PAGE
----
The introduction of anti-tumour necrosis factor (anti-TNF; infliximab and adalimumab) has changed the management of Crohn's perianal fistula from almost exclusively surgical treatment to one with a much larger emphasis on medical therapy. The aim of this systematic review was to provide an overview of the success rates of setons and anti-TNF for Crohn's perianal fistula.Method
Studies evaluating the effect of setons and anti-TNF on Crohn's perianal fistula were included. Studies assessing perianal fistula in children, rectovaginal and rectourinary fistulae were excluded. The primary end-point was the fistula closure rate. Partial closure and recurrence rates were secondary end-points.Results
Ten studies on seton drainage were included (n = 305). Complete closure varied from 13.6% to 100% and recurrence from 0% to 83.3%. In 34 anti-TNF studies (n = 1449), complete closure varied from 16.7% and 93% (partial closure 8.0–91.2%) and recurrence from 8.0% to 40.9%. Four randomized controlled trials (n = 1028) comparing anti-TNF with placebo showed no significant difference in complete or partial closure in meta-analysis (risk difference 0.12, 95% CI −0.06 to 0.30 and 0.09, 95% CI −0.23 to 0.41, respectively). Subgroup analysis (n = 241) showed a significant advantage for complete fistula closure with anti-TNF in two trials with follow-up > 4 weeks (46% vs 13%, P = 0.003 and 30% vs 13%, P = 0.03). Of four included cohort studies, two revealed a significant difference in response in favour of combined treatment (P = 0.001 and P = 0.014).Conclusion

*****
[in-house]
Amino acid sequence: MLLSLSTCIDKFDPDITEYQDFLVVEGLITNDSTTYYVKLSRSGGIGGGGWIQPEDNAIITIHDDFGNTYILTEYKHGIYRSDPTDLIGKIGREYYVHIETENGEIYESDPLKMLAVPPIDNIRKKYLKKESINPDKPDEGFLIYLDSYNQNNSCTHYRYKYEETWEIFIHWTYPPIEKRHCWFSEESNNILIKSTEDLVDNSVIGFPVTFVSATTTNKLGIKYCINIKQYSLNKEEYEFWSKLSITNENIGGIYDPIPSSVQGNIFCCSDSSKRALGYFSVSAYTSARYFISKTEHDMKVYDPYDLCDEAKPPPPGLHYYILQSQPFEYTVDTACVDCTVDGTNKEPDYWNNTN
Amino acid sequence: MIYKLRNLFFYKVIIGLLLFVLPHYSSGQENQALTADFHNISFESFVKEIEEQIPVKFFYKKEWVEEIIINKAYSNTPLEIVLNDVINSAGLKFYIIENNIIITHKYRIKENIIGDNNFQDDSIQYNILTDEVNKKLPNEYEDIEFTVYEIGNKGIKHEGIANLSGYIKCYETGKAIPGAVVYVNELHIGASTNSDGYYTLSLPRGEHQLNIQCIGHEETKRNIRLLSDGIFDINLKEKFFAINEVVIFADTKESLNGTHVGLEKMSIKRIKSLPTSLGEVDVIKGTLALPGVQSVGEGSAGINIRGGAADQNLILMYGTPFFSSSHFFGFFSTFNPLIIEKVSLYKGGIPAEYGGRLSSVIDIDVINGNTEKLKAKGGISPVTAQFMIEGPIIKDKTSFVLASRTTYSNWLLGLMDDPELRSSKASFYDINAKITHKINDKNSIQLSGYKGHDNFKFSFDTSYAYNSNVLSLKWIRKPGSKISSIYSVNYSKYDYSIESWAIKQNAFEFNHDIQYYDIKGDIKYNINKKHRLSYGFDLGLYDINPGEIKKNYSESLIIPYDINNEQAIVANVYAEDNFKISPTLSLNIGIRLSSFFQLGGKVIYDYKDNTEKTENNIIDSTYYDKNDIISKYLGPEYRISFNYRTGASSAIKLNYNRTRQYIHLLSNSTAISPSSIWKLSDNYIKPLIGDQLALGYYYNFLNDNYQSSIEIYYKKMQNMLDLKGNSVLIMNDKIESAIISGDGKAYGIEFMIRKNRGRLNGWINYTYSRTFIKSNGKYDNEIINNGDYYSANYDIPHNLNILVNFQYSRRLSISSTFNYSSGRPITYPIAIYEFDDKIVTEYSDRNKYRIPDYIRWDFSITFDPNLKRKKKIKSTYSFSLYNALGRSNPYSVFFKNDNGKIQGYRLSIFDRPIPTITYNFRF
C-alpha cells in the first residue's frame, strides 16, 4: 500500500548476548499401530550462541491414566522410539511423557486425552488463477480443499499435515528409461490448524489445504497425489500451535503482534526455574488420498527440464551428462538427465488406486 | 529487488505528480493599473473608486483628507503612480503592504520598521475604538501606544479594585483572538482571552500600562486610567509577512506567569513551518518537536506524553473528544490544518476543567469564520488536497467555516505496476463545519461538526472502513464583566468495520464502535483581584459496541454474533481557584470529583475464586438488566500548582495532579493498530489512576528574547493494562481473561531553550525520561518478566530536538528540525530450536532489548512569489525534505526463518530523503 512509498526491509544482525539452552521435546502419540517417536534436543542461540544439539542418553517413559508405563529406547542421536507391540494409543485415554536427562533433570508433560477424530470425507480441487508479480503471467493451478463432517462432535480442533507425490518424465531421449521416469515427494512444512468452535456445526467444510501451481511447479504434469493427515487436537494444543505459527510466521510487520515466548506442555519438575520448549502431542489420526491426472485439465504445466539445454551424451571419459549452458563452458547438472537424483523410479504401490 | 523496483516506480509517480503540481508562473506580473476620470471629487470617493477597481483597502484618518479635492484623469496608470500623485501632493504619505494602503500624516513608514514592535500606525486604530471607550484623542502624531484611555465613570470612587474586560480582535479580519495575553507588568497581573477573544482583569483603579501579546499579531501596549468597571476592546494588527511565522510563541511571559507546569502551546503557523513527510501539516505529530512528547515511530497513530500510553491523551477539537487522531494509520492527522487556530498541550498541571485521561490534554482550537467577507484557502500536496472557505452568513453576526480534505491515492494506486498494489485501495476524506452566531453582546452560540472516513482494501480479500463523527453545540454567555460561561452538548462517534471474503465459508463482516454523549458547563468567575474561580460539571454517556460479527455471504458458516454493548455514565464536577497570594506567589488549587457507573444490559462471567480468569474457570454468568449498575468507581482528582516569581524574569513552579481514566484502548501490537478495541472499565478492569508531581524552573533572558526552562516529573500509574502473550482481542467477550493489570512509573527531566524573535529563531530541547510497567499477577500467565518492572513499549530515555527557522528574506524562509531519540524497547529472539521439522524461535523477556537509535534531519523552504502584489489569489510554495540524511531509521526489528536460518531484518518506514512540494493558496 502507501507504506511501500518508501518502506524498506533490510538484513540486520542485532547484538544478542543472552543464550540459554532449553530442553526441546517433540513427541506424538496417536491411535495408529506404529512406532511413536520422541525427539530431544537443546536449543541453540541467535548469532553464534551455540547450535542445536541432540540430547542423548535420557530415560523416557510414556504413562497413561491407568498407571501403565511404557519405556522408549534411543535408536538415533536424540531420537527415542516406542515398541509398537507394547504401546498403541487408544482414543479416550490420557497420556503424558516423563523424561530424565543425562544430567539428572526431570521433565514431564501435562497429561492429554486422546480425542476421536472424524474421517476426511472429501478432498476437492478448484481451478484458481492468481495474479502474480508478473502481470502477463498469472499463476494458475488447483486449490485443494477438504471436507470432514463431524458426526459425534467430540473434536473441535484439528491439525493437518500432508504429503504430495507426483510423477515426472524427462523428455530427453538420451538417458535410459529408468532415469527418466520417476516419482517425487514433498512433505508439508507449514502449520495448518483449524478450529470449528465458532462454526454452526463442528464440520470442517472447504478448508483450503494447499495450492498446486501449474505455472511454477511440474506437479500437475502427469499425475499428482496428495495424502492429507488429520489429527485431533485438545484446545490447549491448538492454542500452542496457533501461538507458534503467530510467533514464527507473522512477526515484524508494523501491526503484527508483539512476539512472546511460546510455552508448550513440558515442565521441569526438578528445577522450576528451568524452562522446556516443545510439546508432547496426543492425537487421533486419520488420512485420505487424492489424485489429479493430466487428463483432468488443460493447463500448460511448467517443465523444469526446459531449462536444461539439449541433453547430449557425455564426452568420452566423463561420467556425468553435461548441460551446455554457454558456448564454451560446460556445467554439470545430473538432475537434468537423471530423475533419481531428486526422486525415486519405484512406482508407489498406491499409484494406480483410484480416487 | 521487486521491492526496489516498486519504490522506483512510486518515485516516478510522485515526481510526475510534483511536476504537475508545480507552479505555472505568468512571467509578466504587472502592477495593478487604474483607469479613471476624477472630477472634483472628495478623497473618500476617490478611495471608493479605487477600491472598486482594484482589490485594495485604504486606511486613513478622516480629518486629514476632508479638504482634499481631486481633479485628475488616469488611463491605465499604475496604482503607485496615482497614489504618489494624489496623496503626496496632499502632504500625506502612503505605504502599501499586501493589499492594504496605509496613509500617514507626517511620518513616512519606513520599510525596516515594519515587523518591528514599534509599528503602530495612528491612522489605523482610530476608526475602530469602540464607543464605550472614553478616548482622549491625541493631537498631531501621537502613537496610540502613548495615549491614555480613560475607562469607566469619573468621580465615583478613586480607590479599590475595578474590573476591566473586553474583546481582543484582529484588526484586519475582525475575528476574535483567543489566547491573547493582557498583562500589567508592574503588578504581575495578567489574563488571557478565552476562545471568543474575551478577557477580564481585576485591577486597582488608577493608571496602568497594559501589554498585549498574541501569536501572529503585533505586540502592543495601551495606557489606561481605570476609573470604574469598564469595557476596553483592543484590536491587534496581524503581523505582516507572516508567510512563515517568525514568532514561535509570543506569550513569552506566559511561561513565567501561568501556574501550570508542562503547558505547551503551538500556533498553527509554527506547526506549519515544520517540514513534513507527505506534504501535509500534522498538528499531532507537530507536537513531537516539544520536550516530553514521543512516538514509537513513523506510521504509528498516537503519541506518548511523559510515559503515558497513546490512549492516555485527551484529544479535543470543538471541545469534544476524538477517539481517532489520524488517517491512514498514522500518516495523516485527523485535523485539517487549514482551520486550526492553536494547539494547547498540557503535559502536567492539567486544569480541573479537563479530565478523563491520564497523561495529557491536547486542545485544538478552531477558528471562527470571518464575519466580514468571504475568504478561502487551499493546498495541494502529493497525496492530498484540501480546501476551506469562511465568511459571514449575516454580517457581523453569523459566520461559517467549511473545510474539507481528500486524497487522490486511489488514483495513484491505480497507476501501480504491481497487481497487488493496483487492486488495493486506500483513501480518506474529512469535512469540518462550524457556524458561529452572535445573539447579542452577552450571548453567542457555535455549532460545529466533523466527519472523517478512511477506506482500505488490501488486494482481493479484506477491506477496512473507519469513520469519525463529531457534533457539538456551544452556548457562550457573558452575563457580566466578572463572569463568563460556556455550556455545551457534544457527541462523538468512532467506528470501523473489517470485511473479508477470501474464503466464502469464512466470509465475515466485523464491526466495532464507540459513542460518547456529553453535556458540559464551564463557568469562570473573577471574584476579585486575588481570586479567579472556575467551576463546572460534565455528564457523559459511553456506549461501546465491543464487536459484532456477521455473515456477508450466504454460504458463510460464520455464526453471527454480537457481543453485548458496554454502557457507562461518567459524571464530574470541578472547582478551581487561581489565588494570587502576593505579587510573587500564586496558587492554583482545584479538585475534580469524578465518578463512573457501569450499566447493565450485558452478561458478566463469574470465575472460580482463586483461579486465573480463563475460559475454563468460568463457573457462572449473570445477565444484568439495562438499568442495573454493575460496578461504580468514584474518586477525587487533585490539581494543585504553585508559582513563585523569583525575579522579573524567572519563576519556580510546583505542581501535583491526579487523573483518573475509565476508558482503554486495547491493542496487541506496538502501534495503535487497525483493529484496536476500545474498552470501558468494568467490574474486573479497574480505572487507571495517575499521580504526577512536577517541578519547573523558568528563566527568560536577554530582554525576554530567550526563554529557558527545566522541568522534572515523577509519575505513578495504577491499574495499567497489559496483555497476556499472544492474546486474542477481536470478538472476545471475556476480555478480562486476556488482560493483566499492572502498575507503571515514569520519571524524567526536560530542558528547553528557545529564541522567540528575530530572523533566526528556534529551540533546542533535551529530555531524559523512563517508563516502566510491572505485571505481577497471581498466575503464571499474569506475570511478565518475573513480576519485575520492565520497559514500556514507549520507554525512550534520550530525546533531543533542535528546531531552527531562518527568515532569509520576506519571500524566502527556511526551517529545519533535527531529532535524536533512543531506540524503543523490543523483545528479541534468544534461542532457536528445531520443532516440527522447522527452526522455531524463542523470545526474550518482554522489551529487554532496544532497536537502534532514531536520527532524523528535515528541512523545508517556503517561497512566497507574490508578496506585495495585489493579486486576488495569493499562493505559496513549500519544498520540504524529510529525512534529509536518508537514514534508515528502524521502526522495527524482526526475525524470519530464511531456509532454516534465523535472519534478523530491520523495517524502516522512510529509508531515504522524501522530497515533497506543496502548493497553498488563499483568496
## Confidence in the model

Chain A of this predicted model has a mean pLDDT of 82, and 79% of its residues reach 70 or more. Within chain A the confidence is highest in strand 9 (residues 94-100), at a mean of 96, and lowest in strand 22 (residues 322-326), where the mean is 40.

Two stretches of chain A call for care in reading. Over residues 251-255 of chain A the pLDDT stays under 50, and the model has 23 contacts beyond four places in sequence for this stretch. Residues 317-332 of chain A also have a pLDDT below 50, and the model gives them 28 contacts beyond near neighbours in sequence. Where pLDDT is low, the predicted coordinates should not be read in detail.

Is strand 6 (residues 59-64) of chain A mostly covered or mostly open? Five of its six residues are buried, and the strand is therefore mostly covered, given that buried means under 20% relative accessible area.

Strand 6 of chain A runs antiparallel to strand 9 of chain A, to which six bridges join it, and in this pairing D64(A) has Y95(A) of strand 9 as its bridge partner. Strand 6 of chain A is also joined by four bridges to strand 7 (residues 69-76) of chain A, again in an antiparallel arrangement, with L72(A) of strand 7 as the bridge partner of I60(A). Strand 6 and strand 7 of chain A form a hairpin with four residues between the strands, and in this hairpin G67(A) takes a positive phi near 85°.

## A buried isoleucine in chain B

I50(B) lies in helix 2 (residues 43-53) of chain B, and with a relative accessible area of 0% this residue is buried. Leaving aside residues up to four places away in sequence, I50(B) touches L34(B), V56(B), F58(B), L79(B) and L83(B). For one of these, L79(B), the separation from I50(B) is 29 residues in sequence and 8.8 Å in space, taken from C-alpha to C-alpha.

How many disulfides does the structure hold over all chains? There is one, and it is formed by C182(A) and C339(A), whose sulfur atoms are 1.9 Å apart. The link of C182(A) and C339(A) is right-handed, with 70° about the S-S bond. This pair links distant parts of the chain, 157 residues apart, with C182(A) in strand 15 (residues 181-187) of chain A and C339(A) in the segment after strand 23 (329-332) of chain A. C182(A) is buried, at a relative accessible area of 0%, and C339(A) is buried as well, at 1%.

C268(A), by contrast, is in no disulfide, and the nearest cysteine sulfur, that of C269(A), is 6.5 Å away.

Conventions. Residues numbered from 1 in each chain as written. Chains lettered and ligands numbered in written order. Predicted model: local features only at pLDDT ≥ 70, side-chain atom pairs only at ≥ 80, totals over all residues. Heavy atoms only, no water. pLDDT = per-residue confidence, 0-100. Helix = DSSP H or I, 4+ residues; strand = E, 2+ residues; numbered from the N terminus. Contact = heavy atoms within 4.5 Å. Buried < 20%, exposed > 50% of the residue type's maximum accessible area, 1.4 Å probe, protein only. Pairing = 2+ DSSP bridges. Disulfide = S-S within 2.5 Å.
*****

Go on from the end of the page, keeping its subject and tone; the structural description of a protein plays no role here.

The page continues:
Closure and recurrence rates after seton drainage as well as anti-TNF vary widely. Despite a large number of studies, no conclusions can be drawn regarding the preferred strategy. However, combination therapy with (temporary) seton drainage, immunomodulators and anti-TNF may be beneficial in achieving perianal fistula closure.